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Prince and a Prince – where did the Troika Laundromat money go?

Money laundered through the Troika Laundromat revealed on Monday was used to fund lavish lifestyles, purchase property, pay fees for performances by rockstars, as well as contributing to Prince Charles fundraising vehicle, The Prince’s Trust.

A new data leak dubbed the ‘Troika Laundromat’ revealed how Russian businessmen and those close to the Kremlin, laundered billions of dollars through a network of offshore companies and western Banks.

The ‘Troika Laundromat’ was exposed by the Organised Crime and Corruption Reporting Project (OCCRP) thanks to a massive banking data leak involving over 1.3 million banking transactions from 238,000 individuals and companies, as well as thousands of corporate documents, contracts and emails.

Subsequent revelations told how vast sums of money were used to buy power in Europe, as well as to fund lavish lifestyles with super yachts, properties in the UK, Spain, and Montenegro, and to pay fees for rock stars at lavish private parties, as well as being donated to charities, including one managed by Prince Charles.

Between 2009 and 2011, a total of US$200,000 was sent from Ruben Vardanyan to the Prince’s Charities Foundation. The money came from a British Virgin Islands shell company, Quantus Division Limited, a company that was believed to contain pooled funds and that was also used to fly pop star Prince to Russia for a Troika gala in 2007.

The donations to Prince Charles’ charity were then used to renovate Dumfries House, a stately home that is now open to members of the public.

Vardanyan then raised an additional £1.5 million to pay for the refurbishment of ‘The Mains’, an outbuilding of the Prince’s estate, that would provide 16 luxury rooms that could be rented out to visitors. This money is believed to have come from his own pocket however, and not the Troika Laundromat.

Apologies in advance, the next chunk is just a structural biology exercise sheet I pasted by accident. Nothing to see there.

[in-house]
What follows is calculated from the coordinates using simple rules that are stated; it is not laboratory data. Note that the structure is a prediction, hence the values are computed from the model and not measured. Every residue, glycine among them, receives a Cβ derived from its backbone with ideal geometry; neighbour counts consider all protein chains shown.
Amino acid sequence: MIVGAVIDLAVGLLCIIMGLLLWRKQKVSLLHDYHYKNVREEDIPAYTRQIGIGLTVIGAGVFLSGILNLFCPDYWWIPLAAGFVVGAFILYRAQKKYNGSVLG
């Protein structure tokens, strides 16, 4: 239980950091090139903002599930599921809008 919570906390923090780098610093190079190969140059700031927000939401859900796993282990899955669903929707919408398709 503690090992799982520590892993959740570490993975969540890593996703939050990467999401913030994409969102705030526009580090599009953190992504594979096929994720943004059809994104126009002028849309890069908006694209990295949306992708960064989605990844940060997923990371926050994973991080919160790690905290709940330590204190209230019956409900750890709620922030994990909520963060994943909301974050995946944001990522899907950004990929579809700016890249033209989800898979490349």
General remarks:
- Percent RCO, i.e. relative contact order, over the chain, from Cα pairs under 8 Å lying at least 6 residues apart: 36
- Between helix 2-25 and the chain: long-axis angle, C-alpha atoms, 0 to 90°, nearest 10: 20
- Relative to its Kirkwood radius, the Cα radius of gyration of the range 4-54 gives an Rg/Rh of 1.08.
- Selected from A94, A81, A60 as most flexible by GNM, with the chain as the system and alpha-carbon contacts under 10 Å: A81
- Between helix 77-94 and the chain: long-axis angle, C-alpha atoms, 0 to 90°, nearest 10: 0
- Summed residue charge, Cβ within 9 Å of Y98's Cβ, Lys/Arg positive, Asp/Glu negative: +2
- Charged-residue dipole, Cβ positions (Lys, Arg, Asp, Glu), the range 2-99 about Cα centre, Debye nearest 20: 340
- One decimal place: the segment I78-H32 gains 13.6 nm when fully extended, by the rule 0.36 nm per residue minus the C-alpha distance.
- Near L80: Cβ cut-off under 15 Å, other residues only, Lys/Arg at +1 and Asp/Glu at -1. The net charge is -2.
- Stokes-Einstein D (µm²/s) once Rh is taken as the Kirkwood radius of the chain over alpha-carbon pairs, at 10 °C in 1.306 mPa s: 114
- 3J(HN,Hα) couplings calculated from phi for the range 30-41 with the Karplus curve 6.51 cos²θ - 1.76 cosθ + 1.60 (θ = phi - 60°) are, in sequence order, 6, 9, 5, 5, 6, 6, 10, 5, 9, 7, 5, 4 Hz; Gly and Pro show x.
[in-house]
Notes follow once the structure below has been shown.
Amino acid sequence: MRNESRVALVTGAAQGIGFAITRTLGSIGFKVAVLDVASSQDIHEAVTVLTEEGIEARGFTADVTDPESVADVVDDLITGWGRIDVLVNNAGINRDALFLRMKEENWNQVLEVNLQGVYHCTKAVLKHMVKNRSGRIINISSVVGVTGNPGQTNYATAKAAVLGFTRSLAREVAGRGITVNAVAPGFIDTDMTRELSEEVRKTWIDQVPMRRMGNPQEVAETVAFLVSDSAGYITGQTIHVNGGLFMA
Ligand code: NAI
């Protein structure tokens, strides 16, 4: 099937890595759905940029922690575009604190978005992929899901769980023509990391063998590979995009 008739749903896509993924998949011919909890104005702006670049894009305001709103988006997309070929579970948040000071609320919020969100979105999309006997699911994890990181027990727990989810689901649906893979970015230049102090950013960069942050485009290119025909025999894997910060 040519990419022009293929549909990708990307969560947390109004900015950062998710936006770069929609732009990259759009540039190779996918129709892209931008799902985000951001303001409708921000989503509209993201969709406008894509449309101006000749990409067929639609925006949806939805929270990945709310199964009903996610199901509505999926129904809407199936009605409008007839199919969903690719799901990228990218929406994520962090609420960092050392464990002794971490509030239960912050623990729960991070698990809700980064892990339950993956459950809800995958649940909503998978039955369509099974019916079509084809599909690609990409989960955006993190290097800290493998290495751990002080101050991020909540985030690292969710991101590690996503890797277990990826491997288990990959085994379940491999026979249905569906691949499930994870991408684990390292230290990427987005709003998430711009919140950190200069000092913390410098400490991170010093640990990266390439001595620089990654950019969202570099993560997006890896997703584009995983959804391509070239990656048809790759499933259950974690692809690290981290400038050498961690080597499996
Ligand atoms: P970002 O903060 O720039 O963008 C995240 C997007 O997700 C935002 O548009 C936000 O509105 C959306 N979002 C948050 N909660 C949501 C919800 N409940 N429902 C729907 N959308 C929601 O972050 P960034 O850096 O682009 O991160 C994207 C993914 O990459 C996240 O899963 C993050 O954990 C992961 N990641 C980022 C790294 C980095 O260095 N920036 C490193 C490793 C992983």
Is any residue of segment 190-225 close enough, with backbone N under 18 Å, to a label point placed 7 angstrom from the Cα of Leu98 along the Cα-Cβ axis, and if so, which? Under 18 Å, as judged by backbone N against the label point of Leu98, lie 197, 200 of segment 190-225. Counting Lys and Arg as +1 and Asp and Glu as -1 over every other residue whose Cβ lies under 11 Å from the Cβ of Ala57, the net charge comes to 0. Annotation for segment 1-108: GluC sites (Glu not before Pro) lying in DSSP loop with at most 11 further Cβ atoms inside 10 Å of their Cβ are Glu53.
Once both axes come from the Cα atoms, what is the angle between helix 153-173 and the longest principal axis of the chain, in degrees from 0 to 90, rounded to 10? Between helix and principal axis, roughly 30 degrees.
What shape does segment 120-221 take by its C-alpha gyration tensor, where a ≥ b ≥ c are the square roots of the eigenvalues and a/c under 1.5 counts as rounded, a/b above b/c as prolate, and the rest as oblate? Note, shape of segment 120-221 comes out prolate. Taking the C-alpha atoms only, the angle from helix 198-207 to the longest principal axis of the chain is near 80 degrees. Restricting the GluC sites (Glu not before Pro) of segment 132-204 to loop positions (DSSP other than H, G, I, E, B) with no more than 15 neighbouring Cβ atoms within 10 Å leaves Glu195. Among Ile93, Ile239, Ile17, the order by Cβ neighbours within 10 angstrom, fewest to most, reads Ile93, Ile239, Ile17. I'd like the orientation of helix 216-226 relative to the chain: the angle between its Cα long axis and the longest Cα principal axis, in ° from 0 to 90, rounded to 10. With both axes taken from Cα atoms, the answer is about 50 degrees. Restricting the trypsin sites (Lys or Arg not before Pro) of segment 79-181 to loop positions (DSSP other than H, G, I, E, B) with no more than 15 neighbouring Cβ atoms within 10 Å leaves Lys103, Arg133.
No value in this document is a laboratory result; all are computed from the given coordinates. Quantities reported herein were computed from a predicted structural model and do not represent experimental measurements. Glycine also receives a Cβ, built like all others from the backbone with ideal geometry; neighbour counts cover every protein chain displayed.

After an extensive fundraising campaign by the Prince, the heir wanted to thank the donors in person – one of them being Vardanyan. The two men met at Windsor Castle in 2010 and then in 2013, Prince Charles was hosted in Armenia on a private visit.

While Vardanyan claims that he didn’t know that his bank was being used to launder billions on illicit funds through a web of international shell companies, he was the president, CEO, and principal partner of the Troika at the time.

Prince Charles maintains that he knew nothing of the alleged wrongdoings and that the Prince’s charities undertake “robust due diligence processes” in line with British law.

Troika Dialog’s system allowed a number of members of the Russian elite to sidestep restrictions, hide assets and lander vast sums of money without detection. But the system was not just for laundering money as evidence suggests that it was a tax evasion scheme, a slush fund, a hidden investment vehicle, and a way for organised criminal groups to clean the proceeds of their crimes.

The bank is also alleged to have supplied money to President Vladimir Putin’s friends as well as allowing criminals to mask the origins of their cash.

A number of western banks have been exposed in their complicity to the funneling of Troika money into Europe and the US. Citibank, Commerzbank, Deutsche Bank and Raiffeisen have all been named as receiving funds from the network of shell companies, as well as the now-defunct Lithuanian bank ‘Ukio Bankas’ which was closed down due to insolvency in 2013. Records show that it had held and operated accounts for at least 35 of the Troika shell firms.

In addition, the largest Nordic bank, Nordea Bank, allegedly handled over €700 million in illicit funds, some of which had been linked to the death of Russian tax accountant Sergei Magnitsky.

Magnitsky specialised in anti-corruption activities. He was arrested in 2008 and subsequently died in police custody after alleging large-scale theft from the Russian State carried out by Russian officials.

Following the revelations, global corruption watchdog Transparency International had issued a statement condemning the “glaring shortcomings in anti-money laundering systems in Europe” and called for a EU-wide anti-money laundering supervisory authority.

Patricia Moreira, the Managing Director of the organisation said: “All that is needed is an anonymous offshore company and one or more unscrupulous banks willing to turn a blind eye. Without more effective supervision of banks, we will see more scandals like this undermining the entire EU banking system.”

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